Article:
Love the Coopers
Director: Jessie Nelson
Writer: Steven Rogers
Cast: Diane Keaton, John Goodman, Ed Helms, Alex Borstein, Timothée Chalamet, Maxwell Simkins, Blake Baumgartner, Amanda Seyfried, Alan Arkin, Marisa Tomei, Olivia Wilde, Jake Lacy, June Squibb, Anthony Mackie, Steve Martin
Seen on: 9.12.2015
Christmas is just around the corner and Charlotte Cooper (Diane Keaton) is preparing for Christmas dinner with her family – her father Bucky (Alan Arkin), her sister Emma (Marisa Tomei), her husband Sam (John Goodman) and their children Eleanor (Olivia Wilde) and Hank (Ed Helms) including his currently-divorcing wife Angie (Alex Borstein) and their children Charlie (Timothée Chalamet), Bo (Maxwell Simkins) and Madison (Blake Baumgartner). But not all is well with the Coopers: Sam wants to separate from Charlotte but has promised one last Christmas without the family knowing. Emma gets caught shoplifting. Bucky’s closest relationship – with waitress Ruby (Amanda Seyfried) – is threatened when Ruby tells him she will leave town. Hank has lost his job in addition to the divorce and doesn’t want to let his family know. And Eleanor would rather spend the day at the airport than one minute longer than necessary with her family. There she meets soldier Joe (Jake Lacy) and hits it off with him.
Love the Coopers is exactly what you’d expect from an USAmerican Christmas family movie. It’s basically trivial, but rather nice to watch.
Love the Coopers has funny bits and it has bits where it just tries way too hard (unfortunately it has more of the latter than the former). Especially the narration became tiring quickly (particularly since I’m not a fan of voice-over narration in general), although there, too, where nice moments.
It wouldn’t have hurt the film one bit if there had been a little more diversity – instead of an all-white cast that sits around the family tree and sings with the only major character who isn’t included in that Christmas party the only black guy [SPOILERS] who also happens to be the only queer character, although very uneasy with his homosexuality. It is particularly unfortunate because in a better world, instead of a weird love triangle between Bucky, Ruby and Hank, Anthony Mackie’s Officer Williams would have been invited to the Christmas party and would have ridden into the sunset with Hank [/SPOILERS]. But for that the film was way too conservative and white-middle-class-USAmerican.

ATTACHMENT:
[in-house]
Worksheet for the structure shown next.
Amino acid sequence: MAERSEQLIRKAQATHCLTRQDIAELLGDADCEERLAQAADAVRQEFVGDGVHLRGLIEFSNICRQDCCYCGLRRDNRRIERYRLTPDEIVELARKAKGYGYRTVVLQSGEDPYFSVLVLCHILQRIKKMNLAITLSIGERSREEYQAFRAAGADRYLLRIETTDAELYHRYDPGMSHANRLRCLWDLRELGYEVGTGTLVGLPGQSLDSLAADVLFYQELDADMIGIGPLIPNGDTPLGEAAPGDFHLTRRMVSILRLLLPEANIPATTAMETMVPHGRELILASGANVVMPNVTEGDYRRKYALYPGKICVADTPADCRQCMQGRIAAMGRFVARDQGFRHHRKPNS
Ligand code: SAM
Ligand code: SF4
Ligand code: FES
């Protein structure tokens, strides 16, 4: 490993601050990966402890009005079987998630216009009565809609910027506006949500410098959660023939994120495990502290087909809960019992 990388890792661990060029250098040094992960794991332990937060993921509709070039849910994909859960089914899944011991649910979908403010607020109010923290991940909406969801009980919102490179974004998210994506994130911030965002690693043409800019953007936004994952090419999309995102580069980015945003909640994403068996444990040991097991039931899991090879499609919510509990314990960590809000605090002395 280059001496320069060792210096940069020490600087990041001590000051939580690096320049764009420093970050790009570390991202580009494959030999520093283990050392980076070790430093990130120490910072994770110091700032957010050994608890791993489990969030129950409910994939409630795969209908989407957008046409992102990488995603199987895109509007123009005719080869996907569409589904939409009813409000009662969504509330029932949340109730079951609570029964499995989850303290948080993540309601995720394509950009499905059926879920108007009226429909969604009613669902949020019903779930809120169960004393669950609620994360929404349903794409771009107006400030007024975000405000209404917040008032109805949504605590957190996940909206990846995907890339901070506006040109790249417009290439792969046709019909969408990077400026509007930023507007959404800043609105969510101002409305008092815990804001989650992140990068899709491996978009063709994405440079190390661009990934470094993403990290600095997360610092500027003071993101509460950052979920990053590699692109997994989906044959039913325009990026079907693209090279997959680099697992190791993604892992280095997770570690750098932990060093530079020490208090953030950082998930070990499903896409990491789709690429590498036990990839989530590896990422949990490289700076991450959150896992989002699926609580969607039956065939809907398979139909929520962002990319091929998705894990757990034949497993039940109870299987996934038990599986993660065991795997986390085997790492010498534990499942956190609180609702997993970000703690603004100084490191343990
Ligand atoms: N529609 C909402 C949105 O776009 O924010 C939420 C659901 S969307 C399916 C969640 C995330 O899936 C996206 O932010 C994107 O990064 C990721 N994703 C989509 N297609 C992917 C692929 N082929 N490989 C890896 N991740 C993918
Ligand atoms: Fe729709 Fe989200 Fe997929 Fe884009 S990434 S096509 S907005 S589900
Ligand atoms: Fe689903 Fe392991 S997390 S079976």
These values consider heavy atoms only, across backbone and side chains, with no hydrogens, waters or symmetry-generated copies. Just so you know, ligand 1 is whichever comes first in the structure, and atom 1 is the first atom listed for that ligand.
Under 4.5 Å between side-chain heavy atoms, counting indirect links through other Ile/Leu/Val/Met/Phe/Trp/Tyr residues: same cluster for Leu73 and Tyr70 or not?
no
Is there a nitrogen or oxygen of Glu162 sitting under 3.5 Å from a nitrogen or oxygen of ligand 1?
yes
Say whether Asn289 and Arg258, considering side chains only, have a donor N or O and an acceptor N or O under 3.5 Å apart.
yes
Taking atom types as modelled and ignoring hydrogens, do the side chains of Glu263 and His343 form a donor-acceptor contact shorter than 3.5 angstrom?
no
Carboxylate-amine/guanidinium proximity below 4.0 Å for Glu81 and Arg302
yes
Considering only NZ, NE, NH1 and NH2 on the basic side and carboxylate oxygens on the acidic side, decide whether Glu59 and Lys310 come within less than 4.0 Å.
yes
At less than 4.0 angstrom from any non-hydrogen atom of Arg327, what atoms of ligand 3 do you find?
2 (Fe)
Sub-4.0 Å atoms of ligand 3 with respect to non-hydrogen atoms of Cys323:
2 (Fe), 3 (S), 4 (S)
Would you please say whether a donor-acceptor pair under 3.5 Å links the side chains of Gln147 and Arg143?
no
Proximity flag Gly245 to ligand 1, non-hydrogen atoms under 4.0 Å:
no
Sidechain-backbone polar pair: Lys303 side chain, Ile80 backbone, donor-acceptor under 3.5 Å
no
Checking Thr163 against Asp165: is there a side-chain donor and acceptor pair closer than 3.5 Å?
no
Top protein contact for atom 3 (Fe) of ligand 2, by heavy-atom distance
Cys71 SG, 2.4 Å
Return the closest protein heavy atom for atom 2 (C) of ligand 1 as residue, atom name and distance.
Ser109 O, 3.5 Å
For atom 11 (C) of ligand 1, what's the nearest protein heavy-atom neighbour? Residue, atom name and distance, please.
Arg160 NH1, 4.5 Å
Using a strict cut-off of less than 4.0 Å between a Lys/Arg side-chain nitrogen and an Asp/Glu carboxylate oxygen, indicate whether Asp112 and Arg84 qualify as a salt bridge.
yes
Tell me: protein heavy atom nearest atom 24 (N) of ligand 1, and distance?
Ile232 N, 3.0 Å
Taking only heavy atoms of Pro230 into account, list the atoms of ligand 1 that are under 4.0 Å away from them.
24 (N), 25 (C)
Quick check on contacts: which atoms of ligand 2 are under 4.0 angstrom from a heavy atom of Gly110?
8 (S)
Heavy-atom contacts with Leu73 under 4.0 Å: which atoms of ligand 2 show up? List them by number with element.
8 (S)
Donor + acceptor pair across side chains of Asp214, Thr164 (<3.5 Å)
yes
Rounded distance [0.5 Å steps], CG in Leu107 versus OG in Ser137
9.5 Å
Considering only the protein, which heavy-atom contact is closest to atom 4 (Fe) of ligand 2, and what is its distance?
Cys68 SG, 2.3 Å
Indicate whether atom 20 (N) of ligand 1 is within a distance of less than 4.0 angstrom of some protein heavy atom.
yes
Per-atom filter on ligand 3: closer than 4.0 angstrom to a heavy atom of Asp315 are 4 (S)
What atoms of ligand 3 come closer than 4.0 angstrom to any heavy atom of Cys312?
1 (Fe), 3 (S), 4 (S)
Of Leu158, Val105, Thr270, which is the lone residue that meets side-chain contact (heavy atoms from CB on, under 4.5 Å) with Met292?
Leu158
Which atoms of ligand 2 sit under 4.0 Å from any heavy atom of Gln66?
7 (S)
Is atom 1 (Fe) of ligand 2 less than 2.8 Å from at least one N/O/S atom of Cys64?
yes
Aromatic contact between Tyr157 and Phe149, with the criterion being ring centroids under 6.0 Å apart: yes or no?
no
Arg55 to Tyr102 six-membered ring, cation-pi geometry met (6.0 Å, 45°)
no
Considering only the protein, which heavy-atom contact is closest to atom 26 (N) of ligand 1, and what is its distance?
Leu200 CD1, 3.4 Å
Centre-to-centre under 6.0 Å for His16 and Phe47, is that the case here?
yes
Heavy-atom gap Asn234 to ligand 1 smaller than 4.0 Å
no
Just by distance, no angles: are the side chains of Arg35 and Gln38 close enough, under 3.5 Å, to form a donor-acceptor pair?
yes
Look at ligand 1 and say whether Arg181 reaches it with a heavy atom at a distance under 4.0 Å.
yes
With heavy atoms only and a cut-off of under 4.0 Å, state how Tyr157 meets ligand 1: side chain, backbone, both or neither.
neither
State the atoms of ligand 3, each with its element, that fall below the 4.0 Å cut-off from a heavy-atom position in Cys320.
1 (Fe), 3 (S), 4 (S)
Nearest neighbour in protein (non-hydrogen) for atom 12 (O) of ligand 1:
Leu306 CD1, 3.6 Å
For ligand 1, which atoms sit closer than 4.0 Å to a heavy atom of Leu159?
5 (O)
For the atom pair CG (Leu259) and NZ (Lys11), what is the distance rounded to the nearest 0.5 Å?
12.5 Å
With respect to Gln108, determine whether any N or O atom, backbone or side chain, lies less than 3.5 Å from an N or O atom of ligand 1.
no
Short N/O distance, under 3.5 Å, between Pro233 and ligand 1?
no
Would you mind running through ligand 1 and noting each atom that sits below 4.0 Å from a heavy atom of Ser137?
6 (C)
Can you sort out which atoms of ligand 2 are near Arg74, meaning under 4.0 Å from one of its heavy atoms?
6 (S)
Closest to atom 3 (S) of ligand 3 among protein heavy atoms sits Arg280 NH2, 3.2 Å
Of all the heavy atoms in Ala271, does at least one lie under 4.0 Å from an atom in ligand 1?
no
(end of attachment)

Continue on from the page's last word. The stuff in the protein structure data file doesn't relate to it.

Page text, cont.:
Every once in a while, the film would touch on something real, would actually manage to transcend the Christmas kitsch to get somewhere actually emotional. Most of these moments are between Eleanor and Joe – there the movie comes actually alive. But there were also some moments inbetween: when Officer Williams (Anthony Mackie) roleplays his relationship with his mother. When Bo tries to win his brother back. When Charlie dances.
But mostly the film drowns in cheesily shallow Christmas spirit. It is not entirely sickly sweet but it does come close. And in the end everything is well and all the problems are gone and solved through the power of love. How could it be any different.